“I think Burke has forever damaged his relationship (with the Toronto) media,” Brady told Usual Suspects. “He slams us all personally and our critiques of him are professional.”

“From a media perspective, you love the guy that will give you the great clips and quotes like Burke,” says TSN’s hockey host James Duthie. “But the danger for a guy like Brian is that when it goes bad, the media turns on you faster and harder -and the bold statements come back to haunt you. i.e: that quote about not wanting to finish 8th to get killed in Round 1 is getting talked about a ton in Toronto because of L.A. and Ottawa.”

As different as Burke and Gillis's approaches appear, Friedman thinks the men can be remarkably similar in how they view their press corps. “Two very blunt guys who believe what they are doing is right,” Friedman observed. “(Gillis’s) quote about Vigneault... ‘We lost the seventh game in the Stanley Cup final, he’s the winningest coach in this team’s history, is that when you decide to get rid of him?’ I could close my eyes and see Burke saying the same thing about Ron Wilson. (Albeit with different qualifications, obviously.)”

How the Canadian GMs manage expectations will say a lot about how long they stay in charge in their emotional markets. And how long they keep their jobs.

Cutting Edge: The disappearance of CBC's Battle Of the Blades - put on hiatus by the Corporation - had many people wondering why because the show, while expensive to mount, seemed popular and a moderate ratings success. A hint about the move may come from the fact that Battle of the Blades is managed by ISport, the same company that produced Grand Slam Curling, cancelled in January. ISport and CBC are at loggerheads over financial and creative issues related to the curling show. Industry sources suggest resolution of the curling issue might resurrect Battle of the Blades.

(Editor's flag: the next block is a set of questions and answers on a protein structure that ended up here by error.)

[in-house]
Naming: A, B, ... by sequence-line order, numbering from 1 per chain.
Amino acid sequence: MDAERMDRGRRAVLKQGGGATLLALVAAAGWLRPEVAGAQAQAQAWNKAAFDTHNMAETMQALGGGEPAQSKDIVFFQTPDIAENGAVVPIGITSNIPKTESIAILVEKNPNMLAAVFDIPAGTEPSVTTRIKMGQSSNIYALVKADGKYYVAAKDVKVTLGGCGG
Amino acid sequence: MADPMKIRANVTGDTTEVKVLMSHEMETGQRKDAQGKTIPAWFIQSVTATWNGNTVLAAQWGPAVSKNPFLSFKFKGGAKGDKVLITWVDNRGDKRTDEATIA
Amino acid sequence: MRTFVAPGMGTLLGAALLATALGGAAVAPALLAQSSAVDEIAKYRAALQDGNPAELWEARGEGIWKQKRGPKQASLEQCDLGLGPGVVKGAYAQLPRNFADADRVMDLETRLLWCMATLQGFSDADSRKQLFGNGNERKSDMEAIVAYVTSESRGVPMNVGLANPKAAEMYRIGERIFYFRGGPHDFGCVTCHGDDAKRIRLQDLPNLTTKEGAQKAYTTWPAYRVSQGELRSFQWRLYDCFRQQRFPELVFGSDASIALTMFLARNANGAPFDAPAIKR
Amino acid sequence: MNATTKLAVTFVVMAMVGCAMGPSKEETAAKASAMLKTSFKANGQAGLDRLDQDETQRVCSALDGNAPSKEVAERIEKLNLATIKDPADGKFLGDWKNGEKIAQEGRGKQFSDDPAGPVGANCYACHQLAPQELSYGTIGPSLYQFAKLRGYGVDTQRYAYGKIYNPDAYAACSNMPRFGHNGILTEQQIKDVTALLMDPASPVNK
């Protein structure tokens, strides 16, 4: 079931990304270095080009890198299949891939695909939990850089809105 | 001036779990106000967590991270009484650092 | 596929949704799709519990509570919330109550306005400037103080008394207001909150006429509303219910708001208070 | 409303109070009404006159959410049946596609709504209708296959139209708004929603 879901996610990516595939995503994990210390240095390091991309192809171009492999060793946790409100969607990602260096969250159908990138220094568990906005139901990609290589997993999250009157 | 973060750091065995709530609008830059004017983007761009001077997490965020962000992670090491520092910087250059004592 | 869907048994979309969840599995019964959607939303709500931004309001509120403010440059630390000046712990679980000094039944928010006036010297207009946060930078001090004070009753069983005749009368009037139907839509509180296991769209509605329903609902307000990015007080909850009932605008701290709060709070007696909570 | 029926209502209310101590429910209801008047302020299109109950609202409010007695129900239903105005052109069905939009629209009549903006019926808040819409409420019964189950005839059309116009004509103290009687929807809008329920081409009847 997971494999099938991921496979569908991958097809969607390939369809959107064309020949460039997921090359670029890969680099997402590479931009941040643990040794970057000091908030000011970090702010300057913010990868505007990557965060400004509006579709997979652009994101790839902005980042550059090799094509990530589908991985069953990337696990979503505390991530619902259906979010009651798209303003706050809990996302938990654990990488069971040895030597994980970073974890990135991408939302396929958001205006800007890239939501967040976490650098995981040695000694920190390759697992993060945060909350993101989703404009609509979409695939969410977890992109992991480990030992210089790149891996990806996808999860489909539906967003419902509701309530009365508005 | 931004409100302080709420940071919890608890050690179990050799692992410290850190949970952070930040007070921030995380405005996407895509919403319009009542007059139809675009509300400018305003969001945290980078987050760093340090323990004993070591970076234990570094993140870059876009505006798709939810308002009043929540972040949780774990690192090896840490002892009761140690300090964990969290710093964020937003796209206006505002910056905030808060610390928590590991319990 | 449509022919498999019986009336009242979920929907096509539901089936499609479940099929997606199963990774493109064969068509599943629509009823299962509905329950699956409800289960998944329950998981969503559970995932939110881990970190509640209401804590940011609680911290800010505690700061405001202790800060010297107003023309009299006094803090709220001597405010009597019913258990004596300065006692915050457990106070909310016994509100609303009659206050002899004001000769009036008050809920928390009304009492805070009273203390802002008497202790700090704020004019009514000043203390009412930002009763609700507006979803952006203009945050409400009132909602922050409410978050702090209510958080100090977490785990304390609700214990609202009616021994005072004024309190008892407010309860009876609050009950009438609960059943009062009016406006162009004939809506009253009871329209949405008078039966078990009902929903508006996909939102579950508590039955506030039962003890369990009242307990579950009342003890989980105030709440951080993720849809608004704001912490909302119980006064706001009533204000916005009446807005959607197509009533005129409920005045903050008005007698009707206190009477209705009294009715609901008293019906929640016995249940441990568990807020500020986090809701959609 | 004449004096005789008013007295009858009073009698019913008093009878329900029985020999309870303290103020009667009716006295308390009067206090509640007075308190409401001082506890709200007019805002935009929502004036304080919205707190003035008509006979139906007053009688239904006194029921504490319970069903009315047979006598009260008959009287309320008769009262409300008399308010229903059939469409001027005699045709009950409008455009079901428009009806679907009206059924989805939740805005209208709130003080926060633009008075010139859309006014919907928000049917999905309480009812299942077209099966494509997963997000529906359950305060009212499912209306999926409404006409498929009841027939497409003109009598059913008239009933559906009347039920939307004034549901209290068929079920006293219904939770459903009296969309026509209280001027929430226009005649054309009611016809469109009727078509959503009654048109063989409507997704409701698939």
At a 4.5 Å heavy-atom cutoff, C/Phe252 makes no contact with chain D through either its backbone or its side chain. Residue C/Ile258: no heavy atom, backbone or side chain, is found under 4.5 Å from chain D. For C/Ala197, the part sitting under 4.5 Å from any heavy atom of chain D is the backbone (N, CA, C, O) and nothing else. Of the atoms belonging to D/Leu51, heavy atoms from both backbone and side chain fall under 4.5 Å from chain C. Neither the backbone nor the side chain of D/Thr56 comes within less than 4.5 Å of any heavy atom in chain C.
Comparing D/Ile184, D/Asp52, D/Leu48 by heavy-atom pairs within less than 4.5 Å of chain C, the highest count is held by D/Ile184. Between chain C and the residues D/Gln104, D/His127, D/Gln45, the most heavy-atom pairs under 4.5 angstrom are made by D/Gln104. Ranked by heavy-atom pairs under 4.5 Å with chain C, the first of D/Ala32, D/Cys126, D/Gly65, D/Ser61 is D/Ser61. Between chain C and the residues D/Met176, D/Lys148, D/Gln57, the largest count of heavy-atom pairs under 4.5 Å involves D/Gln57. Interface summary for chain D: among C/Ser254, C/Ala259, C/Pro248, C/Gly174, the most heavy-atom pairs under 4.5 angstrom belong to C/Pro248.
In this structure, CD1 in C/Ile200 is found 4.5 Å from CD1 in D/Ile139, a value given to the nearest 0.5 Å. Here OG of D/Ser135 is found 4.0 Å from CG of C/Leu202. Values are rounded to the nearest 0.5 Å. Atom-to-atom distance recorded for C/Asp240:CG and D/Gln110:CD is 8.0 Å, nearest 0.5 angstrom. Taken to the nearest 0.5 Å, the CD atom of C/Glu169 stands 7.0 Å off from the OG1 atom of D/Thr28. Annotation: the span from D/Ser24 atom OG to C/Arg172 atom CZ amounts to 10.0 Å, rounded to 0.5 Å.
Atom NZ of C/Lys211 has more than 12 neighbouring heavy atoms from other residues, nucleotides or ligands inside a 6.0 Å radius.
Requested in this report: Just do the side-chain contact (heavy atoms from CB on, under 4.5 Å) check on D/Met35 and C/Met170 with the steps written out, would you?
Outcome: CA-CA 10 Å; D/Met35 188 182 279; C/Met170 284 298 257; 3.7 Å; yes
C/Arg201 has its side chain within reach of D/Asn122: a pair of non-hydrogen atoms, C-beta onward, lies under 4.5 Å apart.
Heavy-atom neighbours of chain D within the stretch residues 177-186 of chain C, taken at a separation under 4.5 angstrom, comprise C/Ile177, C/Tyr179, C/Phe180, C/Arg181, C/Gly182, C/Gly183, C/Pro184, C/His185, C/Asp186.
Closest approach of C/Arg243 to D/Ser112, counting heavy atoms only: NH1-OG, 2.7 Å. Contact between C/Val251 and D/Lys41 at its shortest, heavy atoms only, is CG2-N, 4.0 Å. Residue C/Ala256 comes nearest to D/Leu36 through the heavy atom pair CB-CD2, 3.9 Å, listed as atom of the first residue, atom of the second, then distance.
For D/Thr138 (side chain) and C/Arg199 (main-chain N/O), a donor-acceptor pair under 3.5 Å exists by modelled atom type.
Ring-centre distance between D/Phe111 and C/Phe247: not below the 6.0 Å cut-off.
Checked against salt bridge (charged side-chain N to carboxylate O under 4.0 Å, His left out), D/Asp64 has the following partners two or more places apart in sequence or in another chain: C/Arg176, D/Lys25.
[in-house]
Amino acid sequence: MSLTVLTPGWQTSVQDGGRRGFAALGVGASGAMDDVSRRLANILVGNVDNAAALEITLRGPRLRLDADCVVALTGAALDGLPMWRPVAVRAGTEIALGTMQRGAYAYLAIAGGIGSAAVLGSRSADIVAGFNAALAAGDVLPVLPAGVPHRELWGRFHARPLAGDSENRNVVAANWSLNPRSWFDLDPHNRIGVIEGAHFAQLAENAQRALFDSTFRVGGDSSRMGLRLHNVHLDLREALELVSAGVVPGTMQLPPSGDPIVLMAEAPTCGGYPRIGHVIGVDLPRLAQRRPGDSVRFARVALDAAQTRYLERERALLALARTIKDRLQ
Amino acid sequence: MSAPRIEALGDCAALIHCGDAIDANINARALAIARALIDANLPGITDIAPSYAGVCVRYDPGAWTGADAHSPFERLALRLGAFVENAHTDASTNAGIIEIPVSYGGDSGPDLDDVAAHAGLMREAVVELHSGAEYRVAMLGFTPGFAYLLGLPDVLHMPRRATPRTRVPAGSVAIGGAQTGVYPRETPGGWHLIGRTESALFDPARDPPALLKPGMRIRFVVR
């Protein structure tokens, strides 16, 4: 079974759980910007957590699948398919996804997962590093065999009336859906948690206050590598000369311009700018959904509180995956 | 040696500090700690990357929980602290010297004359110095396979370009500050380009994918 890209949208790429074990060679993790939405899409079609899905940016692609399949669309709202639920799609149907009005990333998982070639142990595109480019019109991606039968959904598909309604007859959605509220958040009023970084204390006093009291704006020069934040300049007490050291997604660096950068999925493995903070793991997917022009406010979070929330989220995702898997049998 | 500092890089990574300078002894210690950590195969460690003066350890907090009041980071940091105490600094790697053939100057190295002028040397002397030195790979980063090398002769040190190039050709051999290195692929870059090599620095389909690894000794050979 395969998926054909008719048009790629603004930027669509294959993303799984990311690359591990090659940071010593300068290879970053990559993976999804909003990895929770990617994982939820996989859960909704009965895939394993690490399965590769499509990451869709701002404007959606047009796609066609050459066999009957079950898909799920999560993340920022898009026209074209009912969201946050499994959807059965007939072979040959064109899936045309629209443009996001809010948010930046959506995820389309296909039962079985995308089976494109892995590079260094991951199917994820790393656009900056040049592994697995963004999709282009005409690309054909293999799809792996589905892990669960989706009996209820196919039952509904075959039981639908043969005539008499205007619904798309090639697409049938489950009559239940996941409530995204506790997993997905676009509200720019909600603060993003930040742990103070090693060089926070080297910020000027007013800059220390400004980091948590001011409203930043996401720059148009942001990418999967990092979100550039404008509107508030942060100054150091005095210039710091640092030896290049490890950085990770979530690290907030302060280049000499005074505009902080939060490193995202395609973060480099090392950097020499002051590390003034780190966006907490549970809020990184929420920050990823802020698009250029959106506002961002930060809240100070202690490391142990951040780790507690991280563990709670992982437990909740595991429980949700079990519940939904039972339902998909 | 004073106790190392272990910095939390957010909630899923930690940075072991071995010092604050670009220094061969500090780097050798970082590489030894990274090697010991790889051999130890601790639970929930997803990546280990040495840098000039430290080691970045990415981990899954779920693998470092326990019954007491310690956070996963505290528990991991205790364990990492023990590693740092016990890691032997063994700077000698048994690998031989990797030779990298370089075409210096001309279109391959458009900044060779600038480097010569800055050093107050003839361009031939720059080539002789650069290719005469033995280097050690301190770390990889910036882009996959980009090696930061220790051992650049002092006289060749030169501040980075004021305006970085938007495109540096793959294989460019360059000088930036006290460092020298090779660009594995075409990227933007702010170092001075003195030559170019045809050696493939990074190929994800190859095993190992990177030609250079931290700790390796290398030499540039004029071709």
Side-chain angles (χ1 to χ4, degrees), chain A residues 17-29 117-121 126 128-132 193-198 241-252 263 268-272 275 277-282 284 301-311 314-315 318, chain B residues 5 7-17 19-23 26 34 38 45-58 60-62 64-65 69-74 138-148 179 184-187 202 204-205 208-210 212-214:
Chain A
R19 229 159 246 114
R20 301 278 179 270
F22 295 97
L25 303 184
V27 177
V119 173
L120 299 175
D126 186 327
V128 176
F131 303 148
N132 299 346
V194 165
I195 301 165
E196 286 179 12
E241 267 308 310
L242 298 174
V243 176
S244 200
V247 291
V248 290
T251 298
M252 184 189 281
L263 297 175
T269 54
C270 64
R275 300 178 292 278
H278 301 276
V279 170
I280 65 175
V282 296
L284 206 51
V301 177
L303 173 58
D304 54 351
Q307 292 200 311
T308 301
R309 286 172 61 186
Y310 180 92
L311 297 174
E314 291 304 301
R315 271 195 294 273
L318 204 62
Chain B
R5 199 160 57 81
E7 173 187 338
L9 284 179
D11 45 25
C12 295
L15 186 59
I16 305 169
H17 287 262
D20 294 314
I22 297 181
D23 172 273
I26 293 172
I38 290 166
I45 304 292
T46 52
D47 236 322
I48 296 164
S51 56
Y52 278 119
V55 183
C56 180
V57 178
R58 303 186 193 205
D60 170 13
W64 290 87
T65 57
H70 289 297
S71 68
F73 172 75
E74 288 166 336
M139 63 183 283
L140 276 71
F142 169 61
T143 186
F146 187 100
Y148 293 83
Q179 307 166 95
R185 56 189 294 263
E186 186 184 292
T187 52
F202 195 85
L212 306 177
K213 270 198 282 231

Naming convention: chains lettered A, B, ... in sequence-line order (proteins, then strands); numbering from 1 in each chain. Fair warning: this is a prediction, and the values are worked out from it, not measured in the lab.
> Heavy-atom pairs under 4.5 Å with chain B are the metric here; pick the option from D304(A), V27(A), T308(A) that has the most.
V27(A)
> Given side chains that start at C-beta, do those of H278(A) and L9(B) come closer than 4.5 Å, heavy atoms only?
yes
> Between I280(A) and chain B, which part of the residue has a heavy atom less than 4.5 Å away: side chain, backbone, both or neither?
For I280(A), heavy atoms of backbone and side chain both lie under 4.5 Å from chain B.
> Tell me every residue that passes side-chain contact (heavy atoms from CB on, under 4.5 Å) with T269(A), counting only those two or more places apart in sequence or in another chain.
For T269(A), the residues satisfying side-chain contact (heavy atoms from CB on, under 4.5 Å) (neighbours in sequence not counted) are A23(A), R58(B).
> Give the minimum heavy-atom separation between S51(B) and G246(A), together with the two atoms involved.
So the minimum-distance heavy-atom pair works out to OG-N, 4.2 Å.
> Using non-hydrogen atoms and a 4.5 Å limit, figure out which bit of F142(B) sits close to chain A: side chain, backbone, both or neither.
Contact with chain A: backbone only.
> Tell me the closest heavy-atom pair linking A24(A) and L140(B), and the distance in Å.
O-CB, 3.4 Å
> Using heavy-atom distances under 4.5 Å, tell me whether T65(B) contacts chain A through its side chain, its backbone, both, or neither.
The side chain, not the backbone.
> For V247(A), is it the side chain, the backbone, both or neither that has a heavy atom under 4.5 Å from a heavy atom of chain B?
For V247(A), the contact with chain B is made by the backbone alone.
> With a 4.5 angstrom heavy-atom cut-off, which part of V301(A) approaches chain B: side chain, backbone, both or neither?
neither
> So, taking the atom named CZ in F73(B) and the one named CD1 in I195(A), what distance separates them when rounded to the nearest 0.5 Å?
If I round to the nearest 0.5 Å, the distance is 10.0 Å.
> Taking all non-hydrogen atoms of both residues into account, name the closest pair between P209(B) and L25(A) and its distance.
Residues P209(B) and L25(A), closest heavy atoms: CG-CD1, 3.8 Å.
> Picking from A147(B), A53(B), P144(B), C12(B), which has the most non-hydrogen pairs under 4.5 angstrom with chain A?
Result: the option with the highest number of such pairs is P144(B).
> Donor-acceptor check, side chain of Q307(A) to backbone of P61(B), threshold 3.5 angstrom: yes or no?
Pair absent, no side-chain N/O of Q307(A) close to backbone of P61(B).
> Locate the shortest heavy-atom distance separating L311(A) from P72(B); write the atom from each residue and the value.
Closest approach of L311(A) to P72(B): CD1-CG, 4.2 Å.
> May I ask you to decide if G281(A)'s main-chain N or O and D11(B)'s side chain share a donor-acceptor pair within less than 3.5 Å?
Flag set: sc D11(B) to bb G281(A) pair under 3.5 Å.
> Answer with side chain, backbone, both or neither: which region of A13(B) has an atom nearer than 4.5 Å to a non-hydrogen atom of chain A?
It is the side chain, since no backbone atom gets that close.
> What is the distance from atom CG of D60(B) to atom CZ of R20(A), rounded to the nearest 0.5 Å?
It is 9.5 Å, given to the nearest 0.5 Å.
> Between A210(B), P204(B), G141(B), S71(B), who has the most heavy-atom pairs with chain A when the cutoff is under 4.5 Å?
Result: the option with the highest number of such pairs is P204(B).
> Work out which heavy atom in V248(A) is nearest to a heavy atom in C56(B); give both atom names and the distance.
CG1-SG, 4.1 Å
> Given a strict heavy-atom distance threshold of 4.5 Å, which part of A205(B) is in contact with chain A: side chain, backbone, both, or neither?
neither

Speaking of managing expectations: We don’t know if Artie Fufkin of Spinal Tap fame works for CBC, but if Ottawa succumbs to the Rangers on Thursday in Game 7 of their opening-round playoff series there may be someone on Front Street bending over a table and begging for someone to kick him. “Enjoy,” said the fictional Fufkin. “Come on. I'm not asking, I'm telling with this.”

As reported by The Globe and Mail, CBC compounded the ratings impact of possibly losing both Canadian teams in the first round by holding back advertising inventory for sale in later rounds, gambling that Vancouver would make another deep run. Should the Senators lose, that will leave the cash-strapped Corporation scrambling to maximize precious dollars from the remaining three rounds. And that means trying to excite sponsors over Nashville-Phoenix or St. Louis-Los Angeles.

Meanwhile Kirstine Stewart, the CBC executive vice president for English services, told a TV Bureau of Canada conference last week that CBC will try to keep national NHL rights for NHL hockey in 2014, according to people in the audience at the time. Stewart cited CBC’s ability to attract casual viewers, versus TSN’s and Sportsnet’s more limited appeal to the hard-core sports fan.

However, TSN’s highly rated broadcast of the Grey Cup game (averaging 4.6 million viewers) debunked the notion that only conventional carriers can deliver large Canadian TV audiences. It’s no longer a given that Canadian specialty channels are deemed insufficient for the NHL postseason.

In addition, it’s felt in the industry that if Bell Media wants the NHL rights - as it did the Vancouver 2010 Winter Games - then it will pay whatever it takes. Stewart’s protestations otherwise are understandable, but she doesn’t have the financial bullets to win this fight alone.